Battered Oyster Roll
Unlike us prosaic Brits, the people of New Orleans have a way with words when it comes to naming their food. So when the ‘oyster loaf’ that was popular in eighteenth-century England (hollowed-out bread rolls stuffed with fried oysters) crossed the Atlantic it became known in New Orleans as la mediatrice or ‘the peace-maker’. The Picayune’s Creole Cook Book (1901), explains why: ‘Every husband who is detained down town, laughingly carried home an oyster loaf, or mediatrice, to make “peace” with his anxiously waiting wife. Right justly is the Oyster Loaf called the “Peacemaker,” for, well made, it is enough to bring the smiles to the face of the most disheartened wife.’ These peacemakers then became po’ boys when they provided cheap sustenance for ‘poor boys’ caught up in a particularly violent strike by New Orleans streetcar operatives in 1929.
Instead of breadcrumbs, we dip our oysters in beer batter and fry them in dripping, lending this now American sandwich a hint of the traditional British fish and chip shop and have renamed it in a matter-of-fact manner more appropriate to these shores.
|24 to 36||large oysters|
|For the beer batter:|
|7g||sachet easy mix yeast|
|1 tsp||malt vinegar|
|For the lemon mayonnaise:|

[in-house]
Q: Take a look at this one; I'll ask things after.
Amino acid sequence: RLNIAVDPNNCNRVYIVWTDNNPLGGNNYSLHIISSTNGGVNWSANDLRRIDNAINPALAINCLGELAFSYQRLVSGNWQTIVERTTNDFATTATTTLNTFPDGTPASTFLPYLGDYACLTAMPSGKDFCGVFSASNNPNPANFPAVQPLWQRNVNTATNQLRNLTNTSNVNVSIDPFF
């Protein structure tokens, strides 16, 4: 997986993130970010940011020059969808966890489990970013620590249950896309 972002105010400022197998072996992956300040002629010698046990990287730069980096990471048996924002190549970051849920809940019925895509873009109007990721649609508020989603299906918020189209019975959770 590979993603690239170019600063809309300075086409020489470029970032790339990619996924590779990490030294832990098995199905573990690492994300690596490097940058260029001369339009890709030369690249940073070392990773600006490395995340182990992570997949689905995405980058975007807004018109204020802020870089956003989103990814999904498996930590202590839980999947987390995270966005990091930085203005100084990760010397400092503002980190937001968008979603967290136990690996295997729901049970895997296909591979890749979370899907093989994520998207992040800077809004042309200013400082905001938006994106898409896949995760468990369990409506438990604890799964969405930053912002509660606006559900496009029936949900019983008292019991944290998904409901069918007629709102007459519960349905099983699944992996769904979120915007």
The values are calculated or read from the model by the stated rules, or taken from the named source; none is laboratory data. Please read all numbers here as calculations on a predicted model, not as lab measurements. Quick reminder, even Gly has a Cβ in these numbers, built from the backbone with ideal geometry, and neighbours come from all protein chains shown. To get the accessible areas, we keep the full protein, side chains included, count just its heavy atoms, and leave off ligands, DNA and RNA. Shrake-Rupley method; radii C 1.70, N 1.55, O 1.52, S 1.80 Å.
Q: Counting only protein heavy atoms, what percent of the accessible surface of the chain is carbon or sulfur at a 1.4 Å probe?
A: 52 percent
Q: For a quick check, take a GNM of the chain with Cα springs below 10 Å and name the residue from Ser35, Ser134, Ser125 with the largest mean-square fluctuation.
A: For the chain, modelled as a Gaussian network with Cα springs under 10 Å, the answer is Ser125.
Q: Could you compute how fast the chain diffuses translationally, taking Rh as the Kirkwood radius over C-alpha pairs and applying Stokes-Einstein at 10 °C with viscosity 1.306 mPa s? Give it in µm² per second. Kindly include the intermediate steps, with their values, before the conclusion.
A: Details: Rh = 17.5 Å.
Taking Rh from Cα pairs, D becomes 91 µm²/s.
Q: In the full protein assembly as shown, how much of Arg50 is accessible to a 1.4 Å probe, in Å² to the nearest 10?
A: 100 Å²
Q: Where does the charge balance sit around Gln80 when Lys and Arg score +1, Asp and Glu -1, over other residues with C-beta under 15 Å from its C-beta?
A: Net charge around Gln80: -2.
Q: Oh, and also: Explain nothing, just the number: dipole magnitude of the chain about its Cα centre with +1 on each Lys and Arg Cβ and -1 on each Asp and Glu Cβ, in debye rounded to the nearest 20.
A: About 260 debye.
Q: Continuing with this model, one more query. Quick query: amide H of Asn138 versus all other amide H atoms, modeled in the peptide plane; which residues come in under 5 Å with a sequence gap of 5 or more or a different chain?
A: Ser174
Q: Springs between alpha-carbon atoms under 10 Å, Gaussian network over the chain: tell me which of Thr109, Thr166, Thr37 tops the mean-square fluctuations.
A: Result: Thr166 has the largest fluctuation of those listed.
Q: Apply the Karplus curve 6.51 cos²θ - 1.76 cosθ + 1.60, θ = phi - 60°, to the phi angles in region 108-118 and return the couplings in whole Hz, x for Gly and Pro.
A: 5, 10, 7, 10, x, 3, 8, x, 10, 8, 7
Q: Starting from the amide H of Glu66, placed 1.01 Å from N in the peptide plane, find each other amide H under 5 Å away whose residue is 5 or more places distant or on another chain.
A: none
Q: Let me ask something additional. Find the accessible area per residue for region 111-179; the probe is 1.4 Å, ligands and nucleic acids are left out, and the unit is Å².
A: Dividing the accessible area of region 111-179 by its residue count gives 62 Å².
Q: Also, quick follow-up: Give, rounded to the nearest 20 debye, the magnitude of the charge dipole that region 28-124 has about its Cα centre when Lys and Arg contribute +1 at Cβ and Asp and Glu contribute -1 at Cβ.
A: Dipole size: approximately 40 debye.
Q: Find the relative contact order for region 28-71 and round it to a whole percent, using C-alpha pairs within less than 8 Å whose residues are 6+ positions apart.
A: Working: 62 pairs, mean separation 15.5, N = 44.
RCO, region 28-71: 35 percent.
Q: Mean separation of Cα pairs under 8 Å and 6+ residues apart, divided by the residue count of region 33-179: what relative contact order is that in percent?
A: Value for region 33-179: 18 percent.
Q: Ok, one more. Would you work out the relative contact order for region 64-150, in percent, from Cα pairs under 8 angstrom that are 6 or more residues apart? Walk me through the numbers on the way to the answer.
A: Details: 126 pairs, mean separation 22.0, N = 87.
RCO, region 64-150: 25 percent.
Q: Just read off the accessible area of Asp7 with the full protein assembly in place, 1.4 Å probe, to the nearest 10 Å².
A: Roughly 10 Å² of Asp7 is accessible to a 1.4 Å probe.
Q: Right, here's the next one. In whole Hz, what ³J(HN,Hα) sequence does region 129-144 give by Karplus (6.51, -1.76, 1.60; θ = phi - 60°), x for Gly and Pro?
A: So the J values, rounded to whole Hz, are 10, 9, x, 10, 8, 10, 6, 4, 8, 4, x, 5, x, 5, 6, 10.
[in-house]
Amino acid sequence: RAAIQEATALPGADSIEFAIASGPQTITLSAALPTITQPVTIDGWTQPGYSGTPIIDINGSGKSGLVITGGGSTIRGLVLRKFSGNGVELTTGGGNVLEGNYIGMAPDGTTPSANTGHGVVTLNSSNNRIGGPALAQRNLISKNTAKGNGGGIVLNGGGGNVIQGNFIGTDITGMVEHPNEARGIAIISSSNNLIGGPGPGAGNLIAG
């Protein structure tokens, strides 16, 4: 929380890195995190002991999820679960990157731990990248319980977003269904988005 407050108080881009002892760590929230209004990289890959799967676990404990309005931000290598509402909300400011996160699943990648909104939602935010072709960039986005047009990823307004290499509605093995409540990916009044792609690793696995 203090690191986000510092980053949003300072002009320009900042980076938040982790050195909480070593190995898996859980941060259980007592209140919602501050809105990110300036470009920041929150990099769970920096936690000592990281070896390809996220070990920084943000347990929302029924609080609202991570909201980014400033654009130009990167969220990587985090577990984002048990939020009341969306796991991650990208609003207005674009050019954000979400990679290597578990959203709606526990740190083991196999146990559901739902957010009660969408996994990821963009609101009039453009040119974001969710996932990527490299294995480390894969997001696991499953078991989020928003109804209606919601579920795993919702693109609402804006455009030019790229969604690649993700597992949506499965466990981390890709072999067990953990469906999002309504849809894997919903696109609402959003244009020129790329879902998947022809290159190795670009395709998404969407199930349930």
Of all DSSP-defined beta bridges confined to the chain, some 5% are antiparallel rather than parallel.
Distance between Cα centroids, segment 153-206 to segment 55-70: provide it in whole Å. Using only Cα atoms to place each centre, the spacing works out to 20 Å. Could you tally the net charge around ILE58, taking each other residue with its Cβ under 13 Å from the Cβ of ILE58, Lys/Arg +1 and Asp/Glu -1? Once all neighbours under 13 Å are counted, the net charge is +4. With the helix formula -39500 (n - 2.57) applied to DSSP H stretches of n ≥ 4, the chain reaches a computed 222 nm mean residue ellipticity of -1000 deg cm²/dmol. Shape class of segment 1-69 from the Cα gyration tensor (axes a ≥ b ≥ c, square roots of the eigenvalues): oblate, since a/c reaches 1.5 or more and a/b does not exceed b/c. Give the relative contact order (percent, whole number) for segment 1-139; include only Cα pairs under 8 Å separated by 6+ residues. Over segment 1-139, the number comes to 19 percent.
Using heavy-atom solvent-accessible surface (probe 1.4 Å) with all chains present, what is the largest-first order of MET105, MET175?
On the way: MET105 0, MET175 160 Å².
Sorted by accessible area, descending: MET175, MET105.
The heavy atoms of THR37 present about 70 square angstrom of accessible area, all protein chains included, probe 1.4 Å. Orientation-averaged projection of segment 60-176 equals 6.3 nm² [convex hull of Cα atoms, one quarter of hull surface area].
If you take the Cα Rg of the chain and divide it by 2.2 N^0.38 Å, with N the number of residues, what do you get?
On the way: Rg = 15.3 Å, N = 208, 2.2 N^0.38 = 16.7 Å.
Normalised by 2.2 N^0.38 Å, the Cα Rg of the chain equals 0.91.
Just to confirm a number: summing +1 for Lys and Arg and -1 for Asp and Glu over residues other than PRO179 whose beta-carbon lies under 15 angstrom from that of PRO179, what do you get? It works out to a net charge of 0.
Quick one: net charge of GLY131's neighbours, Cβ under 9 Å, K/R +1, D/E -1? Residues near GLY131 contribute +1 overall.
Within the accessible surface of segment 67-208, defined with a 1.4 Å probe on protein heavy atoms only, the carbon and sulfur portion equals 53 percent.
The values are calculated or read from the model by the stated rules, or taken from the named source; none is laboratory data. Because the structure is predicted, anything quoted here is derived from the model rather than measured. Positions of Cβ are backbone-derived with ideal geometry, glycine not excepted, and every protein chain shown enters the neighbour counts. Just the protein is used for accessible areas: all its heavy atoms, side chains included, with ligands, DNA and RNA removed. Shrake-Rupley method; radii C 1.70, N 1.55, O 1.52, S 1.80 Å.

|2 tsp||Dijon mustard|
|Zest and juice of one lemon|
|4||hot dog rolls|
|Little Gem lettuce|
First make the beer batter. Put the flour and yeast in a bowl, make a hollow in the centre and pour in the vinegar and pale ale, whisking as you go. Leave in a covered bowl at room temperature for at least an hour.
To make the lemon mayonnaise mix all the ingredients together, and adjust the seasoning to taste.
Heat the beef dripping to 180°C/350°F in a small fryer.
Shuck the oysters (see p 118–119), remove the meat and pat dry with kitchen paper. Dip them in plain flour and then in the beer batter, making sure they are evenly coated. Shake off any excess.
Deep-fry the oysters for about a minute until golden. Remove with a slotted spoon and drain on kitchen paper. Sprinkle with salt and shake over malt vinegar.
Take 4 freshly warmed hotdog rolls, split down the middle and butter. Top with a layer of lettuce, then spoon over the lemon mayonnaise. Add the deep-fried oysters and cover with the other half of the hotdog roll.